The War on Terror has burned through America’s human and financial resources and empowered radical Islam. But for China, it’s been a lucrative reprieve.
However weakened are Sino-US ties – and they’ve taken a beating this year – the most important trans-Pacific relationship would be a lot worse if not for the Bush administration’s pre-occupation with the Middle East. His predecessor will likely declare a victory of sorts in Iraq and Afghanistan and slowly draw down the US military presence there. The White House will focus on domestic concerns like health care, immigration, and trade. Media interest in the terrorist threat will wane. (If there is a clash of civilizations and no one around to videotape it, does it get posted on YouTube?)
And with that, imperial America and once-and-future imperial China can get on with the serious business of bludgeoning each other. The two nations’ shared interests, of which there are many, will be subverted by cheap politicking on both sides. For a glimpse at how this will play out, consider the sagging trajectory of the Strategic Economic Dialogue, the launch vehicle that was to propel Sino-American ties from a feeding frenzy into a high-brow affair.
The SED, as it is called, is a biannual round of meetings between senior officials from Washington and Beijing. It was conceived by investment banker Henry Paulson as a pre-condition for his appointment as US Treasury Secretary. Paulson was an inspired choice for the job. At Goldman Sachs, he arranged the public listings of some of China’s top state-owned companies, which placed him on intimate terms with the country’s senior officials and businessmen. Paulson knew the Chinese and enjoyed the rarest coin in a realm awash in liquidity: respect.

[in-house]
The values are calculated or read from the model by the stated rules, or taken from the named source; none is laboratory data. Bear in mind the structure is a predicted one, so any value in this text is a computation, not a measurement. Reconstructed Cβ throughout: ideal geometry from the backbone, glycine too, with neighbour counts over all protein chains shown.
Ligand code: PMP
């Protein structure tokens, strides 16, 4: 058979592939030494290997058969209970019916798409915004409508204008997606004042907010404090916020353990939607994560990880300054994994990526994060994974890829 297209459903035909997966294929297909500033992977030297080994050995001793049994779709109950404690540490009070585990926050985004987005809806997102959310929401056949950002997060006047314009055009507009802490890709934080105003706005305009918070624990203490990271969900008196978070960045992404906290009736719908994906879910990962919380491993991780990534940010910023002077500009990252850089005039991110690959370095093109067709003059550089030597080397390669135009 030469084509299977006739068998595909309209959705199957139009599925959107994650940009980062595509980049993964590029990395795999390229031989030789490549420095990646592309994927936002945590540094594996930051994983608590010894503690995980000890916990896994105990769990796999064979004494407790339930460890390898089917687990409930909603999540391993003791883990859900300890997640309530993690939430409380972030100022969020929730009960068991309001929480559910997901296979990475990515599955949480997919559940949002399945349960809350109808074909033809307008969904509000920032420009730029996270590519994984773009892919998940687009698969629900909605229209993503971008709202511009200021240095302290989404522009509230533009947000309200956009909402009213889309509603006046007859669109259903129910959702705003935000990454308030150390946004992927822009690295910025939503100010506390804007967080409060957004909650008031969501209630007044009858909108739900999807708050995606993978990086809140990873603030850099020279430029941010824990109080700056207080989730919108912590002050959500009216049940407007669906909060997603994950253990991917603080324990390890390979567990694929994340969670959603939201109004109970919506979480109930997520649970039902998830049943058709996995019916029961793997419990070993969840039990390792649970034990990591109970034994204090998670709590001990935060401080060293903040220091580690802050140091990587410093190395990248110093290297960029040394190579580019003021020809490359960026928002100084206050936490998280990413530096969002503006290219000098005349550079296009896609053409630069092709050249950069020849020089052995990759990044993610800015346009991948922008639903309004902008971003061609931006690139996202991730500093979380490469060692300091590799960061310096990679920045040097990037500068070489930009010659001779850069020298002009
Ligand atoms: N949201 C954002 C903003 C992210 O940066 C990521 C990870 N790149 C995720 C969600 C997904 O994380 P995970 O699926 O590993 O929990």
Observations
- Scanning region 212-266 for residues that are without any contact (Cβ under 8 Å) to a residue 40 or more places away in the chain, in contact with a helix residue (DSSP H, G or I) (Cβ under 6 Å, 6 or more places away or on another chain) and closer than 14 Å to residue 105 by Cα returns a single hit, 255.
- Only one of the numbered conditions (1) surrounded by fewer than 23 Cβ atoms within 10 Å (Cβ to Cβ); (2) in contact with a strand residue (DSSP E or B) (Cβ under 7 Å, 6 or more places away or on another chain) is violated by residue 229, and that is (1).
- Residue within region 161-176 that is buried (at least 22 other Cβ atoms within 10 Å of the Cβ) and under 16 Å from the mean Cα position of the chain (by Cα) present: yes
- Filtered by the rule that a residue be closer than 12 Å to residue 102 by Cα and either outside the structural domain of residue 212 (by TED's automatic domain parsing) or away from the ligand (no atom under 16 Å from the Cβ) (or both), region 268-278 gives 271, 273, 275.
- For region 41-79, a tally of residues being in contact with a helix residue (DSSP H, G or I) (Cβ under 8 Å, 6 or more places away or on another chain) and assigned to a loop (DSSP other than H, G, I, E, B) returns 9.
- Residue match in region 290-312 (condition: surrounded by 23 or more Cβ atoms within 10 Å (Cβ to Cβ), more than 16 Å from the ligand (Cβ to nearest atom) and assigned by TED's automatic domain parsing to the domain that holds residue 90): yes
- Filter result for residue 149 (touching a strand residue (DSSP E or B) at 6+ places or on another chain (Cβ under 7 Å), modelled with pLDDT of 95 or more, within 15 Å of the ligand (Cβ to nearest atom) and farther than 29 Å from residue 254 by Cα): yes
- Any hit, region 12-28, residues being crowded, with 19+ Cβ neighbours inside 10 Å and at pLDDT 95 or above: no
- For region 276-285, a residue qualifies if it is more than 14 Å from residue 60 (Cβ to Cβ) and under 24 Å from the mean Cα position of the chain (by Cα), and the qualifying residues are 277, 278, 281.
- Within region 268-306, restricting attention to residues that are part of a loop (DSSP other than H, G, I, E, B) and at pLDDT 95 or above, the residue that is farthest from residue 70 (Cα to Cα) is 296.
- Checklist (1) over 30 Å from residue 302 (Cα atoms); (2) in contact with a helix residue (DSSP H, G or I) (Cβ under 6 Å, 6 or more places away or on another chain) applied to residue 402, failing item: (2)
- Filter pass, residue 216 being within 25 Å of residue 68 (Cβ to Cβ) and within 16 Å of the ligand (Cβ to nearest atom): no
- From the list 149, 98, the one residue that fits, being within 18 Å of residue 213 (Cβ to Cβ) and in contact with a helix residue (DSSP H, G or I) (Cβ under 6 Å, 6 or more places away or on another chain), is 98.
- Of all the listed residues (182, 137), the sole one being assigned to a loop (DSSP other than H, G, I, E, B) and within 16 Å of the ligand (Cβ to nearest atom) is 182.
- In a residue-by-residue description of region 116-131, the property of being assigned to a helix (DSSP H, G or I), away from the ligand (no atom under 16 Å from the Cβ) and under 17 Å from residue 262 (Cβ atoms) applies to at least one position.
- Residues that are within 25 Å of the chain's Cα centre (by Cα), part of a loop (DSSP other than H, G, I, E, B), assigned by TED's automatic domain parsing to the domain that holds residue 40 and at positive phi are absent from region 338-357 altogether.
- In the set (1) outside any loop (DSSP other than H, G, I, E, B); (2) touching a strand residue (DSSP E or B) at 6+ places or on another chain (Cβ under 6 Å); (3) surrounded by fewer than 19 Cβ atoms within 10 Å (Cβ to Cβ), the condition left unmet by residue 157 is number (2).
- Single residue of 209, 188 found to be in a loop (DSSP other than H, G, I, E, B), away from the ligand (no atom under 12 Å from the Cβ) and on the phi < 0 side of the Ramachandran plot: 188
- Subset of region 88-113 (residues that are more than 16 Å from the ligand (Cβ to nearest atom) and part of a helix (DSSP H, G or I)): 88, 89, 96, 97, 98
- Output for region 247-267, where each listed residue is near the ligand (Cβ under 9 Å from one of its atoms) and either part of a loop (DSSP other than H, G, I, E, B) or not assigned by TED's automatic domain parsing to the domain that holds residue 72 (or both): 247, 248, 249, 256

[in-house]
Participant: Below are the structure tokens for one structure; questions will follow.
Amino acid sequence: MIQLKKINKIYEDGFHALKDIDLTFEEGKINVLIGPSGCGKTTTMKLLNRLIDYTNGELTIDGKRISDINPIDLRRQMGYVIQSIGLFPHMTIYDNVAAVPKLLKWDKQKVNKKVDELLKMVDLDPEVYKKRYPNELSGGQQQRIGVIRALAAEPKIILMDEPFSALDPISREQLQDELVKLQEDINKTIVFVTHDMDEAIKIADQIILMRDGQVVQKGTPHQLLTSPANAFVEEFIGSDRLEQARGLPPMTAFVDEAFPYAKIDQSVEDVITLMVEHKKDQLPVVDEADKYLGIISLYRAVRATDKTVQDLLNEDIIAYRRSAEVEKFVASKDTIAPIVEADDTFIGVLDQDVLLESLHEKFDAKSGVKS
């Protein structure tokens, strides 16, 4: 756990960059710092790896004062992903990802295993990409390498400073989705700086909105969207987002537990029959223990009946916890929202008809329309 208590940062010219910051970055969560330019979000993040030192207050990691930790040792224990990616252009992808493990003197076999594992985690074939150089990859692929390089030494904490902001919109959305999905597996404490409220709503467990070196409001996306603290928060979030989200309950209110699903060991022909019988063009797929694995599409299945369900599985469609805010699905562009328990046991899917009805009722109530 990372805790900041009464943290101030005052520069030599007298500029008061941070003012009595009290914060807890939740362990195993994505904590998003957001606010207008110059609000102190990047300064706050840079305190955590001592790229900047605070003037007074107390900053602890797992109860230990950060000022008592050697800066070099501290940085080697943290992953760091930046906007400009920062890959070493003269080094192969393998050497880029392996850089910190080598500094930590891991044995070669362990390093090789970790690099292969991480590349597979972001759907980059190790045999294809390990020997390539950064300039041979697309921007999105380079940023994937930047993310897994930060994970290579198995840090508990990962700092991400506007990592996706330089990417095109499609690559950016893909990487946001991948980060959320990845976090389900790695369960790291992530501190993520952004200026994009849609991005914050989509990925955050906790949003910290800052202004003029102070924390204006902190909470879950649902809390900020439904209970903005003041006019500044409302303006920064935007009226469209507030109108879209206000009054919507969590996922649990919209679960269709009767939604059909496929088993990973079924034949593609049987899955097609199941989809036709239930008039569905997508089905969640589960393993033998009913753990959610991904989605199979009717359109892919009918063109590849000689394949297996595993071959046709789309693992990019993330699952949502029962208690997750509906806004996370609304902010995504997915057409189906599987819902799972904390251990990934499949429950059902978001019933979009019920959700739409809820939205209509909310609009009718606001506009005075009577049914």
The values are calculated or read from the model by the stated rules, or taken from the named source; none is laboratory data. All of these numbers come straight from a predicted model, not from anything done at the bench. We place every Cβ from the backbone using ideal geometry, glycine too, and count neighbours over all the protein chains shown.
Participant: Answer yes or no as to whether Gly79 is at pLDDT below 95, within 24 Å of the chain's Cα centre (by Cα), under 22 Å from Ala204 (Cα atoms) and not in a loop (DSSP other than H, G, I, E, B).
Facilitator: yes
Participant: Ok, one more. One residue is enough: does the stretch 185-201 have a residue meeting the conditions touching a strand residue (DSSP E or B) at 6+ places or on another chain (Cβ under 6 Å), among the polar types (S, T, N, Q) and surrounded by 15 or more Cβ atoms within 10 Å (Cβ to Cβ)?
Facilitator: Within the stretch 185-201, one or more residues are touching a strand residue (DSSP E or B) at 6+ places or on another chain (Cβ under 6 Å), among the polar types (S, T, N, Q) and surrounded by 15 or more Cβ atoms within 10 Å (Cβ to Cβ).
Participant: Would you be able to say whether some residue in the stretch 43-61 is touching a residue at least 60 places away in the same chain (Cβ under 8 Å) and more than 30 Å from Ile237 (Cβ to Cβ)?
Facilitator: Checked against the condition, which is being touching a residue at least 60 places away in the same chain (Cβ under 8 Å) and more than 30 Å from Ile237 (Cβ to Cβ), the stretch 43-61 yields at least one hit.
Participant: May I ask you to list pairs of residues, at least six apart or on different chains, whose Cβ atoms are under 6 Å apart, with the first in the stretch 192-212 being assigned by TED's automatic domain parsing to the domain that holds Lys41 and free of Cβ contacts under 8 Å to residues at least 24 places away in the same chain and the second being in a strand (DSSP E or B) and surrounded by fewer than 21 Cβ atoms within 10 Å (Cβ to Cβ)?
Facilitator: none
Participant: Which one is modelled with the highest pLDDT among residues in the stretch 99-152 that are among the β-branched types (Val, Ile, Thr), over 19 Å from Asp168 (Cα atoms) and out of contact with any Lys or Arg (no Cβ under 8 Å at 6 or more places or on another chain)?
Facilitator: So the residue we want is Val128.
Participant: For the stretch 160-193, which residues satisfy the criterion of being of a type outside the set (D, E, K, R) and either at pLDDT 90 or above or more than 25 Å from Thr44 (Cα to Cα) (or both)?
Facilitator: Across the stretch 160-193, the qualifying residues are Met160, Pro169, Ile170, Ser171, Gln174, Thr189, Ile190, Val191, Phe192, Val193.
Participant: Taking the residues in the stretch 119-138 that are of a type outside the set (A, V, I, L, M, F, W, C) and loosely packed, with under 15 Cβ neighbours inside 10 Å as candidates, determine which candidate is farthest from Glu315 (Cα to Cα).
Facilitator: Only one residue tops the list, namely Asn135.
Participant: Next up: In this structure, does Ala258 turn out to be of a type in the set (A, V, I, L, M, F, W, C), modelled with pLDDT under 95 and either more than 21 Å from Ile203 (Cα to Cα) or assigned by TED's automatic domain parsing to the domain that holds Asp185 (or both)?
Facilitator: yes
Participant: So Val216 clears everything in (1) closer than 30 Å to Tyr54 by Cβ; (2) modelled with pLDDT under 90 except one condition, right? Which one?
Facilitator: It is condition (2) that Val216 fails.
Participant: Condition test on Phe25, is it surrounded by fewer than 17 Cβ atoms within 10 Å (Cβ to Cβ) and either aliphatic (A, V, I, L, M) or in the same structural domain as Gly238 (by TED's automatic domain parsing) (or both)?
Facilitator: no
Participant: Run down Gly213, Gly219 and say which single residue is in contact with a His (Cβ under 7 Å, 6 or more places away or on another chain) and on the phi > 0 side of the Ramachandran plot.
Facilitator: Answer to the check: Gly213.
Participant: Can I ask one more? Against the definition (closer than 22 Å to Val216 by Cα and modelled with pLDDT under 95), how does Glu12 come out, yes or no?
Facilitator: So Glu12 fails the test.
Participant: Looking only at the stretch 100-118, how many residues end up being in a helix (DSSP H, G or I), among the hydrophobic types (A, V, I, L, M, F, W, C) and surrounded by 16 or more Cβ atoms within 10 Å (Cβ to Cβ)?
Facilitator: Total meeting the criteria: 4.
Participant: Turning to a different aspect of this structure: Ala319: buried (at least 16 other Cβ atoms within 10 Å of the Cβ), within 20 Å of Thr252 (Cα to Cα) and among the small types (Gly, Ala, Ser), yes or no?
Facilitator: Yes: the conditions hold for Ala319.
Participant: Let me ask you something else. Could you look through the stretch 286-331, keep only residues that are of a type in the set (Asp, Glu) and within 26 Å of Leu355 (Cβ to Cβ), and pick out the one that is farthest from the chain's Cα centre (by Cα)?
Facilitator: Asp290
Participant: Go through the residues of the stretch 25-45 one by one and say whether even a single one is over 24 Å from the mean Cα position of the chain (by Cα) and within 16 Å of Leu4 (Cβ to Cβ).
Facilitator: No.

The SED’s charter was to engage China in a sustained, workmanlike way. Paulson’s experience and expertise, it was assumed, would buy him enough credibility from Congress to vouchsafe the round from partisan politics. In return, he would negotiate “deliverables” from Beijing on such controversial issues as market access and the dollar-yuan exchange rate. But his enthusiasm was never matched on the Chinese side. From the outset, Paulson’s expectations for diplomatic parity with Premier Wen Jiabao were dashed. When the new Treasury Secretary hand-delivered a letter to Wen requesting he represent China’s side in the dialogue, Wen gave it a quick read and passed it to Vice Premier Wu Yi. (“Too bad, you get me,” she told Paulson jokingly, according to someone close to Paulson’s office.)
The first session of the SED was held a year ago in Beijing. It yielded nothing but understandings on procedural matters, despite a US delegation that included 13 US cabinet members and Federal Reserve Chairman Ben Bernanke.